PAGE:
Two Impending Shocks to Current Farmland Prices: Falling Crop Prices or Rising Interest Rates
Note that this post is taken from a report by Jason Henderson and Brian Briggeman for the Federal Reserve Bank of Kansas City, "What are the Risks in Today’s Farmland Market?"
Capitalizing Future Revenues
If historical relationships hold true, Midwestern cropland values hinge on farm revenues, interest rates and their relationship with the capitalization rate. Assuming average Midwestern crop yields, various combinations of corn prices and capitalization rates can rationalize current cropland values. However, all of these combinations assume historically high crop prices or historically low capitalization rates, which raise the risk in land markets.
With economic models suggesting that today’s historically high farm revenues have been capitalized at historically low rates of return, agricultural real estate values could fall sharply if crop prices sag or future interest rates rise.
To illustrate the risk facing farmland values, a straight forward net present value model is used to determine the capitalized value of future crop revenues (Lamb and Henderson). Assuming constant revenues in the future and a constant capitalization rate, cropland values can be determined by:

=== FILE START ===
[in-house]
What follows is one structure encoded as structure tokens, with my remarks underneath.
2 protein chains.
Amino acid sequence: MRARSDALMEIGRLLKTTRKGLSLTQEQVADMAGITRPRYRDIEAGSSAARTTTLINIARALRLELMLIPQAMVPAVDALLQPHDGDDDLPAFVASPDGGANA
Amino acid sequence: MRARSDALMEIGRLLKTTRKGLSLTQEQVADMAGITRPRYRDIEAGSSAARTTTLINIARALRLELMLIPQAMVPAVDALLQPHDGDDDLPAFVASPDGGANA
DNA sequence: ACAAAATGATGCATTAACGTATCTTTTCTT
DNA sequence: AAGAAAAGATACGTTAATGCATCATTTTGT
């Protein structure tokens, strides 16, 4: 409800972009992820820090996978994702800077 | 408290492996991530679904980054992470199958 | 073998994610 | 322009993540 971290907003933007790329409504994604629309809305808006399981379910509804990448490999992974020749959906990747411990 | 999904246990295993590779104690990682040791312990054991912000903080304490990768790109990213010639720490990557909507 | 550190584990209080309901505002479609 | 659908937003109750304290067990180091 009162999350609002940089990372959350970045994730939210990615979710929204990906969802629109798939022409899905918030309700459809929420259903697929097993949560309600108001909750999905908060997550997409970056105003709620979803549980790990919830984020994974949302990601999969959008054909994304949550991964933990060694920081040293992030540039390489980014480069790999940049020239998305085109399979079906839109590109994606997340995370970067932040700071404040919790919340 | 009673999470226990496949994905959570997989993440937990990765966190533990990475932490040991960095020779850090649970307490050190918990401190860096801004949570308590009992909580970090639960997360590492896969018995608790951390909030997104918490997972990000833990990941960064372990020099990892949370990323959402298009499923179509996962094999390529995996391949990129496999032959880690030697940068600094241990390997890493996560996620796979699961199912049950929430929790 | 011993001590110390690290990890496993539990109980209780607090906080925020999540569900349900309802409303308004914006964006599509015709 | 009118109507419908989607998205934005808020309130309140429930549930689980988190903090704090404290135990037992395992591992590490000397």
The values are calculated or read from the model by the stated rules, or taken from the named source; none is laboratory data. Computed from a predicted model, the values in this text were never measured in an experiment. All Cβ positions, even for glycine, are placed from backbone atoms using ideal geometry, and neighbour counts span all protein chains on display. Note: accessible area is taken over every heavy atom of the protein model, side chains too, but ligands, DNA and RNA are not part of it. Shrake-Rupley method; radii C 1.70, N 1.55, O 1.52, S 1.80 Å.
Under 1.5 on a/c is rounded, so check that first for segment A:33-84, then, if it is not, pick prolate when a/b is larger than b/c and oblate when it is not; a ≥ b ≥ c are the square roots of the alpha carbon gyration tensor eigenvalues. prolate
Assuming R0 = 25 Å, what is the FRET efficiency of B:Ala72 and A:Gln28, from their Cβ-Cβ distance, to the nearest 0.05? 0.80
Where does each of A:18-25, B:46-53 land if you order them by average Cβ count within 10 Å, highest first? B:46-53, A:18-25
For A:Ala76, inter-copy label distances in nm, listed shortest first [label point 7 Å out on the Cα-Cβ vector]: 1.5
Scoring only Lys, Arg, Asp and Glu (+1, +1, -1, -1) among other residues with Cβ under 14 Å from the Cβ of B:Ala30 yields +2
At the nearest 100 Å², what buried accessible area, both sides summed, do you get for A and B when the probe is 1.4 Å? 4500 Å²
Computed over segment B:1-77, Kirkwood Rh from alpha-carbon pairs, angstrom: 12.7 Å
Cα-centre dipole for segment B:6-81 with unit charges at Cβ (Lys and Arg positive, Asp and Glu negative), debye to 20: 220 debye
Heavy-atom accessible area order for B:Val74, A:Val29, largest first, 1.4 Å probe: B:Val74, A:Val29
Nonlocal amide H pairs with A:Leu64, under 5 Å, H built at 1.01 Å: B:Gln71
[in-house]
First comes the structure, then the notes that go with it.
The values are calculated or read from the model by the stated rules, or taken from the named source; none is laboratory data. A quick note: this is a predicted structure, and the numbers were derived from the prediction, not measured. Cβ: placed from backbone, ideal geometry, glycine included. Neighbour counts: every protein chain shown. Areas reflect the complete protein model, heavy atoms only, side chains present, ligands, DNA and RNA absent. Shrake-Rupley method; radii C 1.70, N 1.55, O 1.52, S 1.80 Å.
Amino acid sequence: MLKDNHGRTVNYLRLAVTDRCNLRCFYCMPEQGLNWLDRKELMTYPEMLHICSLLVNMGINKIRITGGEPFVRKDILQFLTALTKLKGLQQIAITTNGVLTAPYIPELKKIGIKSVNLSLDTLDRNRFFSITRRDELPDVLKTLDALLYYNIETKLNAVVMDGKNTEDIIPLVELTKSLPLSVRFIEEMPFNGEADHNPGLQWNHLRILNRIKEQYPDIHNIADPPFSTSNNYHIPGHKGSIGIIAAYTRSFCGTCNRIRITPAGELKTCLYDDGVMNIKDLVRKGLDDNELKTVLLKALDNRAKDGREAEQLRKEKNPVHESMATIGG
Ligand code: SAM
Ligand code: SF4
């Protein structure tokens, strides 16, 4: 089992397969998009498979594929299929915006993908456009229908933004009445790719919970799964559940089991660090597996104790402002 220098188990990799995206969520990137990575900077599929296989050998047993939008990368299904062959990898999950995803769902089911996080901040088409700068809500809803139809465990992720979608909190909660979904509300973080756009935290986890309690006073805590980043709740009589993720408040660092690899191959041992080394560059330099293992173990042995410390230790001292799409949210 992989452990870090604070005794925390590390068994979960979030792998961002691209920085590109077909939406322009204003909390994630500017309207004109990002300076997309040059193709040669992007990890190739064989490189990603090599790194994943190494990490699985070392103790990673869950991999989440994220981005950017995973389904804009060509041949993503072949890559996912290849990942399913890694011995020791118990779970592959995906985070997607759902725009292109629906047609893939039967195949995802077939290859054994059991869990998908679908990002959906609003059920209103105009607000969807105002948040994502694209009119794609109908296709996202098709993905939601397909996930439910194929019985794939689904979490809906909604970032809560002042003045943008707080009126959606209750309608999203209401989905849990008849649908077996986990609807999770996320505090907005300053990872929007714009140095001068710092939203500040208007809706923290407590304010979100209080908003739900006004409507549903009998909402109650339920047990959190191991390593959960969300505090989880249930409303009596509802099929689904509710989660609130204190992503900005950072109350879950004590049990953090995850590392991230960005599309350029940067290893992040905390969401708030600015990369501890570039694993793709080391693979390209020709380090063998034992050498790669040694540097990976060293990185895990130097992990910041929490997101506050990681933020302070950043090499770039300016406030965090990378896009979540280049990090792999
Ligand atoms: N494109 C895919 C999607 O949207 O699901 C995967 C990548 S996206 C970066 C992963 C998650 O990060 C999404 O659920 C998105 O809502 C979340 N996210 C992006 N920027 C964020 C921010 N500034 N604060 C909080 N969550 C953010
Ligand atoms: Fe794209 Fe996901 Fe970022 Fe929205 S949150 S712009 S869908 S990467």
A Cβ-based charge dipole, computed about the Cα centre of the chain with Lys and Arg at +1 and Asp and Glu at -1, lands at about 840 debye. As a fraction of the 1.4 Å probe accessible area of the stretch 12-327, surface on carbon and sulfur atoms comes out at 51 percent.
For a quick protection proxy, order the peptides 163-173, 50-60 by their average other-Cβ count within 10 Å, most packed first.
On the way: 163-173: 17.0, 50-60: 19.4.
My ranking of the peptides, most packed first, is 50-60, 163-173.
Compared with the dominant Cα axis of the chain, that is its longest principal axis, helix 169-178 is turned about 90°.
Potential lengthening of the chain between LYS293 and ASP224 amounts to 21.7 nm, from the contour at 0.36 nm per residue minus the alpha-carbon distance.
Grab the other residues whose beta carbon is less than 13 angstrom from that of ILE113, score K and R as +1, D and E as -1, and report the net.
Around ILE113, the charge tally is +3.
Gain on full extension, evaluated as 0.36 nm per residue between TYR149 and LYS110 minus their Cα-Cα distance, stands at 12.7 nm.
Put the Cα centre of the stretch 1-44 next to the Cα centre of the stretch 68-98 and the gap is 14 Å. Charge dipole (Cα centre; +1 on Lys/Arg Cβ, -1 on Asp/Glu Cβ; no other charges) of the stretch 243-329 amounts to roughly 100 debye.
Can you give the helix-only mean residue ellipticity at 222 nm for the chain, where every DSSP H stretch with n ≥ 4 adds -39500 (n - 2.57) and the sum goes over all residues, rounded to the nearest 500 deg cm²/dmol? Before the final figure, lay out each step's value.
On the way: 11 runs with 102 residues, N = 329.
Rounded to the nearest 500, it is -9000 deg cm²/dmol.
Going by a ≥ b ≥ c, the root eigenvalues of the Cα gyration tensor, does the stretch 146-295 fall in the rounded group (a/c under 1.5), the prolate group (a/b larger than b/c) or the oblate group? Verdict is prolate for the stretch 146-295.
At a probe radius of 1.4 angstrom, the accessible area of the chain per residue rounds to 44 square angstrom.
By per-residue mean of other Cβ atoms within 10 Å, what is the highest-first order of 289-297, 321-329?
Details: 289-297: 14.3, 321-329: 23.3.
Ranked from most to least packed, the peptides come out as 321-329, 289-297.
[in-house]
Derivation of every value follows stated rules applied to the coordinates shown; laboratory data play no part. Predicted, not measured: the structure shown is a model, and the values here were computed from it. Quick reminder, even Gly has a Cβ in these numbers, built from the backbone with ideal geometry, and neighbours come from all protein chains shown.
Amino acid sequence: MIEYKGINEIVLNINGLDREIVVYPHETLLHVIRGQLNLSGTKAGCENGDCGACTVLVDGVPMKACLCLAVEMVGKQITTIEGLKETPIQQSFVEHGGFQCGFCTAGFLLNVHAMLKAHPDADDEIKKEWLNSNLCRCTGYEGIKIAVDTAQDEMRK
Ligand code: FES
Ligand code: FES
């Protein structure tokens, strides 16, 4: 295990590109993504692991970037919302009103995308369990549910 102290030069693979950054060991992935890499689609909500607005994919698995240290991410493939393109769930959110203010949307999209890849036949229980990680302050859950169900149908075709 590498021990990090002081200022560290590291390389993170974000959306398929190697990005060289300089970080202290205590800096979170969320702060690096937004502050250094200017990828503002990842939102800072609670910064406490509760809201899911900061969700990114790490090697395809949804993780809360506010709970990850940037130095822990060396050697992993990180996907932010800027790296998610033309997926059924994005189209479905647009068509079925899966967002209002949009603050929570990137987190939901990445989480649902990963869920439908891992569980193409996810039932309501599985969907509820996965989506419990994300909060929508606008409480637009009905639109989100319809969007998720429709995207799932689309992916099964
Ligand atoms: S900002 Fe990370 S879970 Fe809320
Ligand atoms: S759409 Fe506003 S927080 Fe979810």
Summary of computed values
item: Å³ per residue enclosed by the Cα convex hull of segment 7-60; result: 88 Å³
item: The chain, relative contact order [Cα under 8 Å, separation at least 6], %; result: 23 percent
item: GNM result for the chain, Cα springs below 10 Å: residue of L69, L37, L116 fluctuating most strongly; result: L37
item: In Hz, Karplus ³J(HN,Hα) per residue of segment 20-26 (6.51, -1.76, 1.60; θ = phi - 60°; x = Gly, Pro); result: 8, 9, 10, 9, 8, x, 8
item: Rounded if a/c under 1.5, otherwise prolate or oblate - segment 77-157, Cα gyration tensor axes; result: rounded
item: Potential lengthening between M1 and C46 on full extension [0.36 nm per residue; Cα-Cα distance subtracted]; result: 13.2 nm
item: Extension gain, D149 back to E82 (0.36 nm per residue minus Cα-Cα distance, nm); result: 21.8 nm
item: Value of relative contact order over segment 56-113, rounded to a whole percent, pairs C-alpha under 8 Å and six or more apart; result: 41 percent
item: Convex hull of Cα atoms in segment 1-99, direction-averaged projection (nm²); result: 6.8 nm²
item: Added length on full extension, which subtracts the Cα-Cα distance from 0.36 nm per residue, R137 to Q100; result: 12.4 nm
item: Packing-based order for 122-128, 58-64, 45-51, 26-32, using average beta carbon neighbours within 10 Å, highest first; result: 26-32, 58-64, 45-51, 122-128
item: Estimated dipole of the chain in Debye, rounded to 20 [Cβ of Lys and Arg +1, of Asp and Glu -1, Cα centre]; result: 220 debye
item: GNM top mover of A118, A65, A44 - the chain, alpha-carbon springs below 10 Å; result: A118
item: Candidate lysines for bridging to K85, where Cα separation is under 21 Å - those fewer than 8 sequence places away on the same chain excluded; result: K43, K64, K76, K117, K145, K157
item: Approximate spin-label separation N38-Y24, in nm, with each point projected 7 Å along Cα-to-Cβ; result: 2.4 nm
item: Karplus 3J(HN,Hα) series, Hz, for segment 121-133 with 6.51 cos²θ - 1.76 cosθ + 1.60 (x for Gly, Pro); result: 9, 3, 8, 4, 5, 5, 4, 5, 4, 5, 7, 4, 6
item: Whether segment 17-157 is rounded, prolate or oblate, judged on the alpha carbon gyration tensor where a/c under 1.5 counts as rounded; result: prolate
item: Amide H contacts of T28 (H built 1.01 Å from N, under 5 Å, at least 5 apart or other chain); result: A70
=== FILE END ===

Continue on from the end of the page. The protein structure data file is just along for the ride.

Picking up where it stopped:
Cropland values = Future revenues ÷ Capitalization rate. (1)
In this model, future revenues are limited to the returns that are reinvested into the land or the amount received by the landowner. While the returns to land vary with farm profitability, the portion of gross revenues allocated to land owners has remained fairly constant over time. Over the past three decades, USDA costs of production data indicate that land owners receive about 25 percent of all gross revenues generated from cropland.
Therefore, future revenues can be estimated as a quarter of expected farm revenues, based on expected crop prices and yields. As discussed earlier, capitalization rates can be proxied with historical cash rent-to land value ratios....MORE